Hi-tech listening meters fail to deliver a panacea

Rajar’s test results covering the much-hyped pager and watch audience measurement systems show they can’t yet compete with the diary method

Unfortunately research is an imprecise science so it cannot be relied on to tell the whole truth. At its best, research can guide users to the most likely truth. The art in designing the best research is to eliminate as many confounding factors as possible, so that you are confident you are as close to measures of actual behaviour as possible.

Industry research has the added complication of ensuring that all parties involved are in agreement on the way forward. While this is not always an easy process, other countries envy the Joint Industry Committee structure that UK industries use to manage this process. One such JIC is Rajar, and the joint authorship of this piece demonstrates the range of those who are involved in assessing the potential for electronic measurement of radio audiences.

Like all other media, radio is constantly evolving. The growth of new broadcast platforms that will require separate measurement and the increasing number of stations have been the catalyst for Rajar’s systematic and rigorous test programme of the two available electronic audiometer technologies – the Arbitron pager and the Radiocontrol watch. With the next Rajar contract due to run until almost the end of the decade, electronic measurement has to be tested against the need to measure listening behaviour across all platforms.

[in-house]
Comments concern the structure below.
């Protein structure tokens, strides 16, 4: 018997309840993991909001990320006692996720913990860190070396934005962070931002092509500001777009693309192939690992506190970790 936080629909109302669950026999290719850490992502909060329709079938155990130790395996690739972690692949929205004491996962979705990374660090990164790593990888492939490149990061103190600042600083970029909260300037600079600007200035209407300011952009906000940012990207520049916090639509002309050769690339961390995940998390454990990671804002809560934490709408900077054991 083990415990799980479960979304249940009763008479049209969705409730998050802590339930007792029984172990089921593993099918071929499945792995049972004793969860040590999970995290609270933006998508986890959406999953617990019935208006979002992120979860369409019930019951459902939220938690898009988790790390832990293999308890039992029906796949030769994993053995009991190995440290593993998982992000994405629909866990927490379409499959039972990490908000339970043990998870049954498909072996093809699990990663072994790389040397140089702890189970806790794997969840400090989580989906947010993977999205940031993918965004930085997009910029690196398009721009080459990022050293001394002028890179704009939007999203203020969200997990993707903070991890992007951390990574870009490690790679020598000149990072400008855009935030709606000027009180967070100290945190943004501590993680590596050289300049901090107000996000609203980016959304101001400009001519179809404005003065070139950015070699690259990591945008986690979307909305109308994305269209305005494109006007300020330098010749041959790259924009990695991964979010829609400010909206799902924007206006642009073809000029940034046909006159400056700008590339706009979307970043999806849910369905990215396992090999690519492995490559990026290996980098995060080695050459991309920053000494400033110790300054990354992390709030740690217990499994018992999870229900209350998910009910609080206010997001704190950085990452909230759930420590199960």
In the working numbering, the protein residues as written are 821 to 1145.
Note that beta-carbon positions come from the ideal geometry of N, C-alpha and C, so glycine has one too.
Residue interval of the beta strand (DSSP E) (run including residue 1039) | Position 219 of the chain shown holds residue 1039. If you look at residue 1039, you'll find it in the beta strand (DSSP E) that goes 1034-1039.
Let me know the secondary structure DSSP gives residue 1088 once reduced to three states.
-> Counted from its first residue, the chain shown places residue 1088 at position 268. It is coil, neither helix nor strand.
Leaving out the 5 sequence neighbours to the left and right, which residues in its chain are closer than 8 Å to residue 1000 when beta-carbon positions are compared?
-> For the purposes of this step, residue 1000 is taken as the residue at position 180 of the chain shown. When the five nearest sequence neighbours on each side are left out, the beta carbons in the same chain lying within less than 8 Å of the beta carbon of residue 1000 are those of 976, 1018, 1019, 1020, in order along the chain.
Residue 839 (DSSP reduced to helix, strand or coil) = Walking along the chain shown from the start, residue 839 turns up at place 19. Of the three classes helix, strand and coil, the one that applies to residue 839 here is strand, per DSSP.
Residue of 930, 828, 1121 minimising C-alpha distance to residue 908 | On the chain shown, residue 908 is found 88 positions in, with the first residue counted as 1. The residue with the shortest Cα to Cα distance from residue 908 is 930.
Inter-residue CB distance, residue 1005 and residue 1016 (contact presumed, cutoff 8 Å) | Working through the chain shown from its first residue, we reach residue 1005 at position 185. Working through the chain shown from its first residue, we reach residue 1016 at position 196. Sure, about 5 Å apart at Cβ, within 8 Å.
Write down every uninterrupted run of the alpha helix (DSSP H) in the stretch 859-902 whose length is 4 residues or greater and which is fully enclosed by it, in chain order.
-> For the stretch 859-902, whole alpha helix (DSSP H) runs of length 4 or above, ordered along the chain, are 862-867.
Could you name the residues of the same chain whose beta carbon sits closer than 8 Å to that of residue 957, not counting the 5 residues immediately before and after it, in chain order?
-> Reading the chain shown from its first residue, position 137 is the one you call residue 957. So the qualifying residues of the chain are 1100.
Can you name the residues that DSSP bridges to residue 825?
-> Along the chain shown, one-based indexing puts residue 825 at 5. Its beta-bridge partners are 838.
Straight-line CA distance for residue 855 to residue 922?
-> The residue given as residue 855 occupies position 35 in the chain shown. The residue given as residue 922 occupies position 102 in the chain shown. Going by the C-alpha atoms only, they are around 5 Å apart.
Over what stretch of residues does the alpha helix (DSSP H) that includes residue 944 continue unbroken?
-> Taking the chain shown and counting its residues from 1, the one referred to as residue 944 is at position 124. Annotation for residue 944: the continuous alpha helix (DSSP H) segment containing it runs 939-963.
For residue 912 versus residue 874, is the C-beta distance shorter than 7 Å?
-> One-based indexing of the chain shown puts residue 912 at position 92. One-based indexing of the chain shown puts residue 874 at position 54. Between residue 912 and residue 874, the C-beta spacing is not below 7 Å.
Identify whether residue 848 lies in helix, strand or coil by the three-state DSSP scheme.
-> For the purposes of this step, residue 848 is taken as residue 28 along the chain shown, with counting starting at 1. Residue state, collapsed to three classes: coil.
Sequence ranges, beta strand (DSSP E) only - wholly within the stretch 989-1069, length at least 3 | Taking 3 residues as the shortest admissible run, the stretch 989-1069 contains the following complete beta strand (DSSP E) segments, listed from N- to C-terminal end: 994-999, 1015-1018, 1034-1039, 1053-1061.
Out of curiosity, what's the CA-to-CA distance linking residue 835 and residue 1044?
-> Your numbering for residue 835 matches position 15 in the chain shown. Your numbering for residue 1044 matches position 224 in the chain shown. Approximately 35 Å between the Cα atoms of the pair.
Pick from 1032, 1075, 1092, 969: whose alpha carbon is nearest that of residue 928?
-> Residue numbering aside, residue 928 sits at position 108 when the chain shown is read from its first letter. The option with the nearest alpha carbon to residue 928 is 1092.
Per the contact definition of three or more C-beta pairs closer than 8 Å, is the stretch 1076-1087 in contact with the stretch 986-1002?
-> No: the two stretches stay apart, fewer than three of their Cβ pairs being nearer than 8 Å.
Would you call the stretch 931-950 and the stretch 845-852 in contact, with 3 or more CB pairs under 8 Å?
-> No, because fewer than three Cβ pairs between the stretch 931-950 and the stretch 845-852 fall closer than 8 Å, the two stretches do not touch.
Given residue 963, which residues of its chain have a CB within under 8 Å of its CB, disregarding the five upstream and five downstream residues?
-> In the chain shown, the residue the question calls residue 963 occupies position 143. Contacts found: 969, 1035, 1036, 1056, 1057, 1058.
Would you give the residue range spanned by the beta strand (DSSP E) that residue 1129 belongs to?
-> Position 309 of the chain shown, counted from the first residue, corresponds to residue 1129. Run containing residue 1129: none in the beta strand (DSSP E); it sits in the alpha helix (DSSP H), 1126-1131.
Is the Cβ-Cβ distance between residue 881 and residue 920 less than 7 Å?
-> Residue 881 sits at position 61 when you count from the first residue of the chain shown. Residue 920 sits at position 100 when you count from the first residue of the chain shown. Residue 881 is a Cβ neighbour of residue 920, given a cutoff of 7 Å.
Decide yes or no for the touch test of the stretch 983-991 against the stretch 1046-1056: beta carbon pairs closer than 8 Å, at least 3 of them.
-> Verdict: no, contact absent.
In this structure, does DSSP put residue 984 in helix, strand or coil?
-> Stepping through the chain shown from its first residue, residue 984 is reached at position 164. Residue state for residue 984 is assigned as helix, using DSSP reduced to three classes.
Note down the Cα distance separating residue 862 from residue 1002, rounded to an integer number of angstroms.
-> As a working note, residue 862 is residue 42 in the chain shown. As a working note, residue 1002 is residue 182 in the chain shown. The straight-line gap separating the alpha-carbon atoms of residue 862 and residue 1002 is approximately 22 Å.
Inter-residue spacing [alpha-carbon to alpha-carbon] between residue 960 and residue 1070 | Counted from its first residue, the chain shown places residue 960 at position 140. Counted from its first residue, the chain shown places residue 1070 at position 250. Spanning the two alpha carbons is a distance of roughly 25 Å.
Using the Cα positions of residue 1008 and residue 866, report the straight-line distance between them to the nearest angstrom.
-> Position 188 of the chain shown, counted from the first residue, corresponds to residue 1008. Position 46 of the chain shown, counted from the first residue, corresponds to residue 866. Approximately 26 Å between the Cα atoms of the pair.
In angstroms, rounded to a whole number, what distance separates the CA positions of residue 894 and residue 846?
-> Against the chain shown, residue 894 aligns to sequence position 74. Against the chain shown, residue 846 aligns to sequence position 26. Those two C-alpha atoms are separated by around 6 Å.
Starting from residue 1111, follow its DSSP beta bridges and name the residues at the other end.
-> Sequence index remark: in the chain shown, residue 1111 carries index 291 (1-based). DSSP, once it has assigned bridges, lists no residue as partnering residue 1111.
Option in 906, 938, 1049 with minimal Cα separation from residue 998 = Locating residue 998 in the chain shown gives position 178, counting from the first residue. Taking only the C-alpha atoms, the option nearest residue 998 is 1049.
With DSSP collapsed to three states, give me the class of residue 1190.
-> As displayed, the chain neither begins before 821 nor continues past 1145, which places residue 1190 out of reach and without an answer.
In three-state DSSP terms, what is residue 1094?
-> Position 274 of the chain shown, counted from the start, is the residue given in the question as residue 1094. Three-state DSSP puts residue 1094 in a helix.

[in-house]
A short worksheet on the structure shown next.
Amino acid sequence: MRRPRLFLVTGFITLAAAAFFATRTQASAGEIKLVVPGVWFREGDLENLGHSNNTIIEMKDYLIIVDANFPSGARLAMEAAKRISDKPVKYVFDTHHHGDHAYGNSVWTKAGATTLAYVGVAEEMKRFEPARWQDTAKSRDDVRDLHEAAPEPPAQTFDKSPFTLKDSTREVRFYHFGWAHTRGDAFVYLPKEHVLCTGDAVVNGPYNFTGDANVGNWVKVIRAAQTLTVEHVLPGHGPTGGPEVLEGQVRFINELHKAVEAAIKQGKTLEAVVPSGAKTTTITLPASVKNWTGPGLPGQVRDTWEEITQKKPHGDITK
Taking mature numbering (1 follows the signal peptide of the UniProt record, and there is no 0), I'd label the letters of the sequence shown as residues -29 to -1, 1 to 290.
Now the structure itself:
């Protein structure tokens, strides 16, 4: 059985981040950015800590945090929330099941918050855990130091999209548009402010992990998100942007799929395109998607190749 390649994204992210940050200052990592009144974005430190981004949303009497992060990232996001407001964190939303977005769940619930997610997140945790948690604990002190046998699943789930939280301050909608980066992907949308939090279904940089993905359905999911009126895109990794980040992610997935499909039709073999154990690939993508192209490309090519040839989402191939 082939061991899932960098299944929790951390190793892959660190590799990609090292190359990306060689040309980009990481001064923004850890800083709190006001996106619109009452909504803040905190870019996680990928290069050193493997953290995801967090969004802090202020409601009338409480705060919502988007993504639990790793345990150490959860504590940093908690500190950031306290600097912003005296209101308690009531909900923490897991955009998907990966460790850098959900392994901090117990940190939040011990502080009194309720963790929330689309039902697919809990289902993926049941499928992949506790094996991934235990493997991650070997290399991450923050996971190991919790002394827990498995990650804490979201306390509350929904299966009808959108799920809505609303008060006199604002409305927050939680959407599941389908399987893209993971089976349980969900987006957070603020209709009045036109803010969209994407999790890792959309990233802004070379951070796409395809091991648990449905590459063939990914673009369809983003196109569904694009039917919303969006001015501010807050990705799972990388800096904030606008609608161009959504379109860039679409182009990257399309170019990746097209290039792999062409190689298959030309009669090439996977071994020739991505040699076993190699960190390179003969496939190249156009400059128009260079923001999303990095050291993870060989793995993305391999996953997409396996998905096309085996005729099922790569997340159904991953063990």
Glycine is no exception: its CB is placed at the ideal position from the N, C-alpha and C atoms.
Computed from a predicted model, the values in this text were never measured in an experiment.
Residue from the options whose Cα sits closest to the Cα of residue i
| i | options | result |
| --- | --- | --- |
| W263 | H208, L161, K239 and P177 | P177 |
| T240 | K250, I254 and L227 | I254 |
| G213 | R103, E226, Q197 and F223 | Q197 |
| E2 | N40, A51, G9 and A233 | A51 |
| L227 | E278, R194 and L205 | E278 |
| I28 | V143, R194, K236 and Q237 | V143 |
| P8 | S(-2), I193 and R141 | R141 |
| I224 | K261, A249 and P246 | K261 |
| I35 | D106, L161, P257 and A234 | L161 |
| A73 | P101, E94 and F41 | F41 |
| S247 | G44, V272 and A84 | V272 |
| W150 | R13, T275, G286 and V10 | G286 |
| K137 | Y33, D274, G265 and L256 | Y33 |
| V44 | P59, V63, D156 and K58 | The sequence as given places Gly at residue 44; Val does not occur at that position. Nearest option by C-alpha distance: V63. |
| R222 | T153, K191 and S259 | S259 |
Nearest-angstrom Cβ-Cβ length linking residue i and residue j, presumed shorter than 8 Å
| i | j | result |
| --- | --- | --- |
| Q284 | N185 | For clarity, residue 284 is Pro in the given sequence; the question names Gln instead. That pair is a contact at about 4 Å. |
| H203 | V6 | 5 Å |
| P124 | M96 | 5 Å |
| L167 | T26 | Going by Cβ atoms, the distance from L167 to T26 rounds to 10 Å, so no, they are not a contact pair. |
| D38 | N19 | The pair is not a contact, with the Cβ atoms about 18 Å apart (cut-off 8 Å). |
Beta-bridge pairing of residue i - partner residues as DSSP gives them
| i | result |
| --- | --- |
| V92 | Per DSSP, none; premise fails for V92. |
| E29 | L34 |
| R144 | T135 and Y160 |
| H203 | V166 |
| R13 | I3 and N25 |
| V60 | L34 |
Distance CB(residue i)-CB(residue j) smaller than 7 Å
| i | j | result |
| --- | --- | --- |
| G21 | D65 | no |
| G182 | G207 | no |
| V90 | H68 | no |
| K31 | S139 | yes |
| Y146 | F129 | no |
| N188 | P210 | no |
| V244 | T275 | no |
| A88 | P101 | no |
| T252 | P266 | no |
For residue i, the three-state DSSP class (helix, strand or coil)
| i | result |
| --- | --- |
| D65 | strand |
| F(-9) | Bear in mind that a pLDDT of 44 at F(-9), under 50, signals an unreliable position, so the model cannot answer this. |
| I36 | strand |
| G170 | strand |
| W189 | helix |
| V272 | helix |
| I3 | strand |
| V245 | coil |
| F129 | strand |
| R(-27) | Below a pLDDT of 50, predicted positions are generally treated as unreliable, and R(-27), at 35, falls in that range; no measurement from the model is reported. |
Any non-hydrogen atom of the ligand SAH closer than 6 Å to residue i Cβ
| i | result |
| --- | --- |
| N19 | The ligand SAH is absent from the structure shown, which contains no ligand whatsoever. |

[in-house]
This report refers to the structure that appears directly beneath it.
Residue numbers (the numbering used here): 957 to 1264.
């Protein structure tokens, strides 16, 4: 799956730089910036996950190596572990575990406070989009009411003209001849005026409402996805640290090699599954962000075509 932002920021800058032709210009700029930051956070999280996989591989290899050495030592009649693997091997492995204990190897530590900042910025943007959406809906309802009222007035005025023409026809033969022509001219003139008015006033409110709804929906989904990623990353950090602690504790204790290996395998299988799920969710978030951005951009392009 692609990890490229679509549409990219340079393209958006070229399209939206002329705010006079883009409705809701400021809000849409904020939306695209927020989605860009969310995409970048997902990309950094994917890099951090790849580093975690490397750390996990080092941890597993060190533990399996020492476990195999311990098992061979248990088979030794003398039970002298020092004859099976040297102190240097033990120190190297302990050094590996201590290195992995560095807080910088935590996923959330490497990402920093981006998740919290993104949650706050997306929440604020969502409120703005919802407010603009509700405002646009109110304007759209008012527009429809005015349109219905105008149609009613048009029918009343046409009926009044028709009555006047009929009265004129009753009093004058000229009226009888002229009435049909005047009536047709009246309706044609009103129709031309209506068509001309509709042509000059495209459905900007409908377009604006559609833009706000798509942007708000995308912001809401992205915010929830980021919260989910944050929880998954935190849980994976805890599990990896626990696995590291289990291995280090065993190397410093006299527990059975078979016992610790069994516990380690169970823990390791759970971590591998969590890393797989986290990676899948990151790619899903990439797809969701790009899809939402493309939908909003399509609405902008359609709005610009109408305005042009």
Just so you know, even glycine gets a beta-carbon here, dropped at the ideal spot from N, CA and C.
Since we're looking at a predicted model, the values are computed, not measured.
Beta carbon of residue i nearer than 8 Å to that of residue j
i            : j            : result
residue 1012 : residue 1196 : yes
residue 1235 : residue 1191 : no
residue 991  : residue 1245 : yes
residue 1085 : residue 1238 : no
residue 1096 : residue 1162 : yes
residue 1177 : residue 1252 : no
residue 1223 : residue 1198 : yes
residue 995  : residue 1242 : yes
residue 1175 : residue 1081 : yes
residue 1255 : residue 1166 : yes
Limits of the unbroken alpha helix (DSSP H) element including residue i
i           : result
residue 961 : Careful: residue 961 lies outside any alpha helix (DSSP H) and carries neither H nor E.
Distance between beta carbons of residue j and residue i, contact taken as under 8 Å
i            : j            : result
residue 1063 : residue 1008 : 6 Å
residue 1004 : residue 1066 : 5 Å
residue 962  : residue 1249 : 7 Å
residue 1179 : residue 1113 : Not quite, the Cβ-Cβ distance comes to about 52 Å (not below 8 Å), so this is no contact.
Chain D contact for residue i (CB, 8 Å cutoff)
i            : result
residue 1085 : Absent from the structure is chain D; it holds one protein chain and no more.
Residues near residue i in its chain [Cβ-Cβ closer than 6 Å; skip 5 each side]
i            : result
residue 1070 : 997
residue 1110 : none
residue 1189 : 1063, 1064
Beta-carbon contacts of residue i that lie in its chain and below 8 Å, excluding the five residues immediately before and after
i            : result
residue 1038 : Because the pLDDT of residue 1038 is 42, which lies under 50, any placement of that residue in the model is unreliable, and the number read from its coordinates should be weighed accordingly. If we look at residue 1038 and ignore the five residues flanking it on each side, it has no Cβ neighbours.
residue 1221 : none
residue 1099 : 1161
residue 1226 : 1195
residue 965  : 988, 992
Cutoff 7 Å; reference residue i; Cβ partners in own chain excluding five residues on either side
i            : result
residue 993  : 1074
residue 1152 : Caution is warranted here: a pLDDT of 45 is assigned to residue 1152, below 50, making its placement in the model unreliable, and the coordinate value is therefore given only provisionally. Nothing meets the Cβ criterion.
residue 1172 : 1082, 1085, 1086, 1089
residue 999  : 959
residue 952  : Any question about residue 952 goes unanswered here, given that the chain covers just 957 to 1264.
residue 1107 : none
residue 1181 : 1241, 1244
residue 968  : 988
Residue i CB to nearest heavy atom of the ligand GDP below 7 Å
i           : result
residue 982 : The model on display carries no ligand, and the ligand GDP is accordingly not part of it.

Nearly £600m-worth of advertising is based on Rajar’s audience data as well as the justification for a significant proportion of the BBC licence fee. So it is imperative that Rajar maintains its position as the provider of a reliable and high quality service. The unanimous conclusion of the test programme is that there is no credible and viable electronic solution at the moment.

The extensive tests show that the two systems deliver no consistency of results. There are considerable differences when comparing findings from the electronic systems with those generated from the diary as well as comparing results between the two electronic systems. If someone were to use both technologies side by side to monitor their radio listening of a range of stations, the two systems would deliver different results.

This challenges the widely held belief that electronic measurement is perfect and that diary-based recall is inferior. Rajar believes that the use of one or both of the electronic technologies will not be an improvement on the current diary system but will bring inaccuracies of their own to the measurement of radio. As a result, Rajar cannot yet convince those involved that a reliable, high standard electronic data collection method exists.

Rajar is committed to investigating any initiative that promises to improve the quality of radio audience measurement. We will do this with vigour and enthusiasm, but not with precipitate haste. The experience of BARB in 2002 is a fresh memory for all of us.

This comment was submitted jointly by Radio Advertising Bureau managing director Justin Sampson, ISBA director of media and advertising Bob Wootton and IPA director of research Lynne Robinson

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